2017: The Year in Classical Music

Some outstanding concerts, and some changes of leadership in Boulder

By Peter Alexander

With the year drawing to a close, it is time to look back at 2017. It has been a tumultuous year in many realms, including some aspects of Classical music. But before that, it is good to remember the outstanding musical experiences of 2017 here in the Boulder area.

Pro Musica

The year began on an expressive high point when Pro Musical Colorado Chamber Orchestra, conductor Cynthia Katsarelis and soloists Jennifer Bird-Arvidsson, soprano, and Ashraf Sewailam, bass, presented Shostakovich’s rarely-heard Symphony No. 14.

I wrote at the time: “This somewhat gloomy meditation on death is not often given live, partly because of the difficult assignments facing the soprano and bass soloists, but mostly because of the difficult subject matter. But it is a major statement from a great composer—what Katsarelis calls ‘a piece that needs to be heard’—and so the rare performances are to be treasured.”

The February visit of Deborah (Call Me Debbie) Voigt to Macky Auditorium will be a cherished memory for fans of the classical voice. Voigt Lessons, the superstar soprano’s candid retelling of her struggles with relationships, substances, and weight that clouded her career not only showed some realities of life at the top of the opera world, it also revealed the very human person beneath the superstar image. For both reasons, this was a meaningful event.

Takasce SQ

Takacs Quartet

The Takacs Quartet always provides some of the year’s best performances. It’s hard to chose just one, but for 2017 I would single out their February concert including Beethoven’s Quartet in G major, op. 18 no. 2—performed while the Takacs was in the midst of a full Beethoven cycle at several venues—and CU music faculty Daniel Silver, clarinet, playing the Brahms Quintet in B minor, op. 115. An especially beautiful rendering of this beautiful work had at least one audience member in tears by the end.

March saw the arrival of another superstar in Boulder when Sir James Galway played at Macky Auditorium, and the departure of an important member of Boulder’s classical music community when Evanne Browne gave her farewell concert with Seicento Baroque Ensemble, the organization she founded in 2011.

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Boulder Phil at Kennedy Center

One of the biggest events of the year for Boulder performing arts was the visit in March of the Boulder Philharmonic Orchestra, conductor Michael Butterman and Frequent Flyers Aerial Dance Company to the Kennedy Center in Washington, D.C., for the first annual Shift Festival of American Orchestras. The Phil repeated a concert they had given in Boulder a few days earlier, including the world premiere of All the Songs that Nature Sings by Stephen Lias and Copland’s Appalachian Spring, performed with Frequent Flyers.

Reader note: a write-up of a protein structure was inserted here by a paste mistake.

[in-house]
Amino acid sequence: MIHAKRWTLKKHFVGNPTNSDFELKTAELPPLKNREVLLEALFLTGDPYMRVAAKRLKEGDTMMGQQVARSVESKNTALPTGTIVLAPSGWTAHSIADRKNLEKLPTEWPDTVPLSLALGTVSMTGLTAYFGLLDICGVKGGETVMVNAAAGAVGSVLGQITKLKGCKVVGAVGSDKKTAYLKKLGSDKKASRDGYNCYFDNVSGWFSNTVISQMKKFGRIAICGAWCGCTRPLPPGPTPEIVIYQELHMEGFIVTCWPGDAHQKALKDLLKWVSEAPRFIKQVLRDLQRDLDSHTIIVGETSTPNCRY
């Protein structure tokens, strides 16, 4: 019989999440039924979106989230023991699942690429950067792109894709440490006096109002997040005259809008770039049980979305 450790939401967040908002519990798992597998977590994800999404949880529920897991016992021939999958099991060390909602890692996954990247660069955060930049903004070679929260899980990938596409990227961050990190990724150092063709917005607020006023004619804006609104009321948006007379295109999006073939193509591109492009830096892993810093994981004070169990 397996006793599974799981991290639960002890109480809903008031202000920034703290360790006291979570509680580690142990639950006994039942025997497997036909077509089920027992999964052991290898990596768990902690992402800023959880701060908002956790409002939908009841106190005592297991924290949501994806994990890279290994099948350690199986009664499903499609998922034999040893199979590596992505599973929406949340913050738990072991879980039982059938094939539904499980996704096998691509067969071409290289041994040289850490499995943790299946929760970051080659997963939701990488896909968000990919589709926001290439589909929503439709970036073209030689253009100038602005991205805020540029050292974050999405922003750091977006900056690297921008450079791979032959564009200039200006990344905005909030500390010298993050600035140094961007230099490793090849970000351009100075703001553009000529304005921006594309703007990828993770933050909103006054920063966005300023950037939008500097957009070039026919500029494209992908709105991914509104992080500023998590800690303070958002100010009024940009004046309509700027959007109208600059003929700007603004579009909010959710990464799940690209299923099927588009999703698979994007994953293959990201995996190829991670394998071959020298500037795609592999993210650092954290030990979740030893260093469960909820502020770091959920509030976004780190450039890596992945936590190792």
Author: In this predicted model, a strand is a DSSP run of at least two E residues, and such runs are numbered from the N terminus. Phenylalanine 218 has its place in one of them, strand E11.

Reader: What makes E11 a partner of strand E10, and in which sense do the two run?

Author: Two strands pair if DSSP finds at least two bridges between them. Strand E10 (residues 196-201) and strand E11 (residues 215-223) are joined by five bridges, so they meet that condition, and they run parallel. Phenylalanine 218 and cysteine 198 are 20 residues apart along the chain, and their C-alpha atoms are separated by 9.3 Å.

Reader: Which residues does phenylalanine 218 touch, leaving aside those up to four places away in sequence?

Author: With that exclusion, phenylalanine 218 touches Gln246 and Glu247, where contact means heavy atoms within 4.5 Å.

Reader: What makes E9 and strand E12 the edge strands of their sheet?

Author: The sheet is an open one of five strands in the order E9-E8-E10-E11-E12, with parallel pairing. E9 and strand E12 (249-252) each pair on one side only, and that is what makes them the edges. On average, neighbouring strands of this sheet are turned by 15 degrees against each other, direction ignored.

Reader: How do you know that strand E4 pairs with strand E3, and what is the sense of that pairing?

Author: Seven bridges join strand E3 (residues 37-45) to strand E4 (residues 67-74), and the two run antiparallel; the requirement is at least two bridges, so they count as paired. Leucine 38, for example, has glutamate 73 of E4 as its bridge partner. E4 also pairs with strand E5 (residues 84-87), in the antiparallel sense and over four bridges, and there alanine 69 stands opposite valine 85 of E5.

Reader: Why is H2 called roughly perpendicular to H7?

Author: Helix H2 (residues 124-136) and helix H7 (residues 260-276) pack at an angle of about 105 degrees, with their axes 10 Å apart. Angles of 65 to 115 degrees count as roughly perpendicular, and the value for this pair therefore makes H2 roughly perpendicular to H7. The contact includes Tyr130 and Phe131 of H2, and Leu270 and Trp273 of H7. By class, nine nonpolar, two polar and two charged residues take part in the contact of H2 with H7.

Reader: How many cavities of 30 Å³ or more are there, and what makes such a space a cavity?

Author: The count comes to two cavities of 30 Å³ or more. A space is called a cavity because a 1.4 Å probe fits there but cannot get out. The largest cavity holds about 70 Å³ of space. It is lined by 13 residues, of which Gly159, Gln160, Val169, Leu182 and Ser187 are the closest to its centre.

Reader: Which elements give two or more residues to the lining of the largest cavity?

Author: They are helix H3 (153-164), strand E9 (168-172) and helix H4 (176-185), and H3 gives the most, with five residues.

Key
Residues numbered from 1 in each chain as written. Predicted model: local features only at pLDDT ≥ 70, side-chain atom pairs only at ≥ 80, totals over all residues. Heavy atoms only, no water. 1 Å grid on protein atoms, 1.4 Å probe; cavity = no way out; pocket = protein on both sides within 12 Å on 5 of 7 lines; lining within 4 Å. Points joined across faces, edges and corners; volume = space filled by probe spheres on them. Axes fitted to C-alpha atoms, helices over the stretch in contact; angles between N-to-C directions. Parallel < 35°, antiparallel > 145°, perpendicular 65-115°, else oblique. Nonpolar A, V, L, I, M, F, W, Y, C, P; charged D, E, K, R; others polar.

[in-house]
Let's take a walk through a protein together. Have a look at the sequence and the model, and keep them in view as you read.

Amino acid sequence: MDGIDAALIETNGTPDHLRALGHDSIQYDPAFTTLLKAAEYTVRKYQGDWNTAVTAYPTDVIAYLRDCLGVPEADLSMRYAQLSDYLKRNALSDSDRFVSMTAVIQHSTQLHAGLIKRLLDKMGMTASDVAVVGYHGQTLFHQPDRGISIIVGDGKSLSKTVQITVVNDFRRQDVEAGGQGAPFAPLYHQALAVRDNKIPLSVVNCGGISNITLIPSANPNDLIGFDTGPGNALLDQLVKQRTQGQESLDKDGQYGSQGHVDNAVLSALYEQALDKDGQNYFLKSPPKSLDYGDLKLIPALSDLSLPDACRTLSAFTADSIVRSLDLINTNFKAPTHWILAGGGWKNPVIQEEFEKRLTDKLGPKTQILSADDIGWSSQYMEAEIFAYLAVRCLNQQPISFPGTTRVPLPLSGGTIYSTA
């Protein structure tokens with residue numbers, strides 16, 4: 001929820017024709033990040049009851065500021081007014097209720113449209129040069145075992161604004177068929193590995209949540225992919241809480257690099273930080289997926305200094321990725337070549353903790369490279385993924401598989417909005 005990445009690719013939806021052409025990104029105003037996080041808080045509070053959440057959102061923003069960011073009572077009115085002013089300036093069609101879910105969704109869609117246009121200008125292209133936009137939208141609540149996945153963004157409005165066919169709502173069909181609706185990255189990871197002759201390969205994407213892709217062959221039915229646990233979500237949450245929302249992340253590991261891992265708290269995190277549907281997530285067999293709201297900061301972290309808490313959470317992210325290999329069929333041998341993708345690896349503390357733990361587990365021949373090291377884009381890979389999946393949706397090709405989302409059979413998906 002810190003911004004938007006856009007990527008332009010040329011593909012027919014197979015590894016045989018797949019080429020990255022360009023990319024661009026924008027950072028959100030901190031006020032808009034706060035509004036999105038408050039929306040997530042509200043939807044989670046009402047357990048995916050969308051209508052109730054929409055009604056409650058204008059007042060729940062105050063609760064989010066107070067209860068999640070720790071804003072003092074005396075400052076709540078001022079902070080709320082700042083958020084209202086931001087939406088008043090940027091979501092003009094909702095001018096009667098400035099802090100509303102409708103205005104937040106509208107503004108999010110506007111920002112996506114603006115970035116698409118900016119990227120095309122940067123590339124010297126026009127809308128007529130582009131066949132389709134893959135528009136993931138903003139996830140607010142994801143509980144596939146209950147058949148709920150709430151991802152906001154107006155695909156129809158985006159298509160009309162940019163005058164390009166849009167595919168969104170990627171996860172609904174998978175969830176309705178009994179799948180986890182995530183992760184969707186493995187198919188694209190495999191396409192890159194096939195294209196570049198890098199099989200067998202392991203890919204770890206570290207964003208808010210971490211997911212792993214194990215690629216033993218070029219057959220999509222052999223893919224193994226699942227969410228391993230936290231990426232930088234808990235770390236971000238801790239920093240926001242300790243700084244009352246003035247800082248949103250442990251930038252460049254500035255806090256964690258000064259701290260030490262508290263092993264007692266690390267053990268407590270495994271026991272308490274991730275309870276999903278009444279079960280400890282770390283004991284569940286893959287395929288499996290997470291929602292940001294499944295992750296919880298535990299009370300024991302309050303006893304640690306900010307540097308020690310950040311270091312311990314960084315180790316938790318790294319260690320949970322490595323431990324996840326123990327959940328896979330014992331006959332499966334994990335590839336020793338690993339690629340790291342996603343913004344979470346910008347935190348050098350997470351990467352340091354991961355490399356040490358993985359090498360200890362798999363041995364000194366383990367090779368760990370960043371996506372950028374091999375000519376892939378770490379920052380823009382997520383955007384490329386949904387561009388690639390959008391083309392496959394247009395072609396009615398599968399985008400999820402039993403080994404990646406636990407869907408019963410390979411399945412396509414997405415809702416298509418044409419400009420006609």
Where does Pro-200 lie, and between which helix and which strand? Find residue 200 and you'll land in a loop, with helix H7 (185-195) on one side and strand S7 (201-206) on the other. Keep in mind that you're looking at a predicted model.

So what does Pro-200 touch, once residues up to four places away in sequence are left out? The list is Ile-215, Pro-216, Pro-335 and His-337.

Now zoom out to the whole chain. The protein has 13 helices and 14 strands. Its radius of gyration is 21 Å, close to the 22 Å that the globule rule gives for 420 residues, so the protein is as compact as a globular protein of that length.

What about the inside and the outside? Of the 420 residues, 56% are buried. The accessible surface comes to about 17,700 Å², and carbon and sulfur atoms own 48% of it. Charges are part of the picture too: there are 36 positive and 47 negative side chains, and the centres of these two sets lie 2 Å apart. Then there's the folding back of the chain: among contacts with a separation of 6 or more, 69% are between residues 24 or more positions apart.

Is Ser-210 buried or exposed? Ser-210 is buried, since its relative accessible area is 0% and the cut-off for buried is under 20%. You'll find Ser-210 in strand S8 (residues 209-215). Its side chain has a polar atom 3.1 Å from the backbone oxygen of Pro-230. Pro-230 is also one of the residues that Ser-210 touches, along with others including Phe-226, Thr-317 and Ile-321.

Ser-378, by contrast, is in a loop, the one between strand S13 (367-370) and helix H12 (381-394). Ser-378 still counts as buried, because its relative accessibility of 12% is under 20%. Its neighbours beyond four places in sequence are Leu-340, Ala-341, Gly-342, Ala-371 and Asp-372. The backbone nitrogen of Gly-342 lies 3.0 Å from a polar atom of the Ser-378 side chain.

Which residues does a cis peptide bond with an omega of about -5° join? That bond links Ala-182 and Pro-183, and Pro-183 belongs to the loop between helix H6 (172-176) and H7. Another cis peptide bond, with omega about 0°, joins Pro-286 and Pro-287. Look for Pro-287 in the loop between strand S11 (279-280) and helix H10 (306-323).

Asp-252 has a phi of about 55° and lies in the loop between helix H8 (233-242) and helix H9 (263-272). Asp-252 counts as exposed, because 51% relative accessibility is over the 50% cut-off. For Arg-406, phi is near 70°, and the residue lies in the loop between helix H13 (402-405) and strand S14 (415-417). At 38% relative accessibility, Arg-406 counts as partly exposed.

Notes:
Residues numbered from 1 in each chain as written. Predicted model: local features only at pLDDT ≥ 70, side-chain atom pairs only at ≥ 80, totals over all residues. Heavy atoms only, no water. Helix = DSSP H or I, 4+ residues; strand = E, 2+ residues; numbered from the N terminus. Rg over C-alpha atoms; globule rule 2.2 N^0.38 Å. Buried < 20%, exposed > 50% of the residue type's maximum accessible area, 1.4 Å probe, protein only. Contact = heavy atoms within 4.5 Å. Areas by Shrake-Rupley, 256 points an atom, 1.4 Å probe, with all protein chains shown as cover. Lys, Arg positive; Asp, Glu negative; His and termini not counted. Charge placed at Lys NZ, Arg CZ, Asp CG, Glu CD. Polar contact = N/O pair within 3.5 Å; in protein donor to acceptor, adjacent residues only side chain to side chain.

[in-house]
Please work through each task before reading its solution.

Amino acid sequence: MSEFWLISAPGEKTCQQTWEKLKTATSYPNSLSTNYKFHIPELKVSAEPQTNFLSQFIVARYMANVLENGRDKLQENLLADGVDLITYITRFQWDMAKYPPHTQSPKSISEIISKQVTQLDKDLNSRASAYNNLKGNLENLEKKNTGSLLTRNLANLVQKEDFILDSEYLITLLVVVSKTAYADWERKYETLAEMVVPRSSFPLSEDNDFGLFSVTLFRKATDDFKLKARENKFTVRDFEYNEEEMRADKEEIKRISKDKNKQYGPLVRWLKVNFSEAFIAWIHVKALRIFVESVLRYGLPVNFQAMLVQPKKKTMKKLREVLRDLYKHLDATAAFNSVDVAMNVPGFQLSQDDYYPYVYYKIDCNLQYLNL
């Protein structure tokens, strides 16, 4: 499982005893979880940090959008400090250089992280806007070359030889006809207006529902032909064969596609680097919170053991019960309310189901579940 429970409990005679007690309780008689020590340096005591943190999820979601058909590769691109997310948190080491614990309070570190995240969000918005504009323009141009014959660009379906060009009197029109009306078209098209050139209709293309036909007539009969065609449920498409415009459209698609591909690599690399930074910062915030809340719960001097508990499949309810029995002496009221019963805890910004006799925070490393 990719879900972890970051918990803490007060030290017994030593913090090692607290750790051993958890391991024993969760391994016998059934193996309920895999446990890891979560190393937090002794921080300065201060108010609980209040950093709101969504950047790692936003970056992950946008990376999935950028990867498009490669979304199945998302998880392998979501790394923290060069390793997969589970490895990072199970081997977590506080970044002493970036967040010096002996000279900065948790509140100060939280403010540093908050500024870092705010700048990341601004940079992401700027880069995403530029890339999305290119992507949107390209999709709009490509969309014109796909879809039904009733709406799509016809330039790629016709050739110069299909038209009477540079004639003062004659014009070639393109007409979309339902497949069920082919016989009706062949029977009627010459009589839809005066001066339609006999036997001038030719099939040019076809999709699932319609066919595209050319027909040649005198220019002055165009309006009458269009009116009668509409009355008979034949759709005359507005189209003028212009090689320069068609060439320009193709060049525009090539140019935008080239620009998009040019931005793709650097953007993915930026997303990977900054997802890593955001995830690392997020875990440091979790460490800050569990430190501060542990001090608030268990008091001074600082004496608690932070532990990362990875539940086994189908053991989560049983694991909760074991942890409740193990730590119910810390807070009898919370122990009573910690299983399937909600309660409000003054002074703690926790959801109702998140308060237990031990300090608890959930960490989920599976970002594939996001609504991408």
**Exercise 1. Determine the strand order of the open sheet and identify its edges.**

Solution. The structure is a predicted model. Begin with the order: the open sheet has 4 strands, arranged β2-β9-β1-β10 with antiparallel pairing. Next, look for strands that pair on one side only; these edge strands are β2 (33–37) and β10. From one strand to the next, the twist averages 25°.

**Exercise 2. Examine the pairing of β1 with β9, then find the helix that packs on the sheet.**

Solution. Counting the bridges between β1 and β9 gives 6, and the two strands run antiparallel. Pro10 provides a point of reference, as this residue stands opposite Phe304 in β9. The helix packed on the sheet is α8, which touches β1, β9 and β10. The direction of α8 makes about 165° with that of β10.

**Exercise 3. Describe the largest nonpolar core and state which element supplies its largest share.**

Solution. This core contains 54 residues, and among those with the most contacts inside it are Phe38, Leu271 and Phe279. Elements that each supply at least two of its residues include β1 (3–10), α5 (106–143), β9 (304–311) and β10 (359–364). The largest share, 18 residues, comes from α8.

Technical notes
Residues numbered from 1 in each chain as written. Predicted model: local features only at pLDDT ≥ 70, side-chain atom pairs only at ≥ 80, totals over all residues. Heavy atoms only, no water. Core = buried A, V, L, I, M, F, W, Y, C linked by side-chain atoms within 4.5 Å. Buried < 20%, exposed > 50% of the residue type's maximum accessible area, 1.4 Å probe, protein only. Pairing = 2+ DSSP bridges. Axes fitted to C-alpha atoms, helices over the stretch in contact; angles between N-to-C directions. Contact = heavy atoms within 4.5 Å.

An audience favorite of the festival, the Boulder Phil played to a sold out house. Butterman wrote the next day, “It was a peak experience for me, and, I think, for all of us at the Phil. . . . To be there with our orchestra, with that crowd and with that repertoire—it was something I shall never forget. We had a great sense of pride in representing our hometown.”

Several important changes of personnel were announced for Boulder classical scene in the spring. In April, Jean-Marie Zeitouni announced that he was stepping down as music director of the Colorado Music Festival. He will remain with CMF as principal guest conductor, and conductor/violinist Peter Oundjian will serve as artistic advisor for the 2018 season. Later the same month, James Bailey left his position as music curator of the Dairy Arts Center, to be replaced by Sharon Park.

Elliot Moore at Lake McIntosh - credit - Photography Maestro (1)

Elliott Moore

In May, Seicento Baroque Ensemble announced the appointment of Kevin T. Padworksi as artistic director, succeeding Browne, and the Longmont Symphony announced the appointment of Elliot Moore to succeed long-time music director Robert Olson.

The same month, the Boulder Chamber Orchestra wrapped up its 2016–17 season with its largest performance to date, Beethoven’s Ninth Symphony presented in Macky Auditorium. The performance under conductor Bahman Saless was unfortunately the occasion of a protest by the anti-fracking group East Boulder County United. Seven members of EBCU blew whistles, shouted slogans and left flyers before the concert to voice their opposition to the orchestra having accepted a contribution from Extraction Oil & Gas.

Olga Kern

Olga Kern, photographed by Chris Lee at Steinway Hall.

Zeitouni proved to be anything but a lame duck conductor at the Colorado Music Festival. The 2017 season started at the end of June with an all-Russian program featuring exciting performances of Shostakovich’s Festive Overture and Rachmaninoff’s Second Symphony. On the same concert, one of Boulder’s favorite guest artists, pianist Olga Kern, gave scintillating performances of Prokofiev’s First Piano Concerto and Rachmaninoff’s Rhapsody on a Theme of Paganini.

Other high points over the summer included the return of CMF’s founding director Giora Bernstein to lead a concert of Mozart, Zeitouni conducting Beethoven’s Ninth as the CMF centerpiece, and the visit of violinist Gil Shaham at the end of the summer season. Up in the mountains, Central City Opera’s Downton-Abbey-inspired Victorian-era production of Mozart’s Così fan tutte was one of the year’s highlights for opera lovers.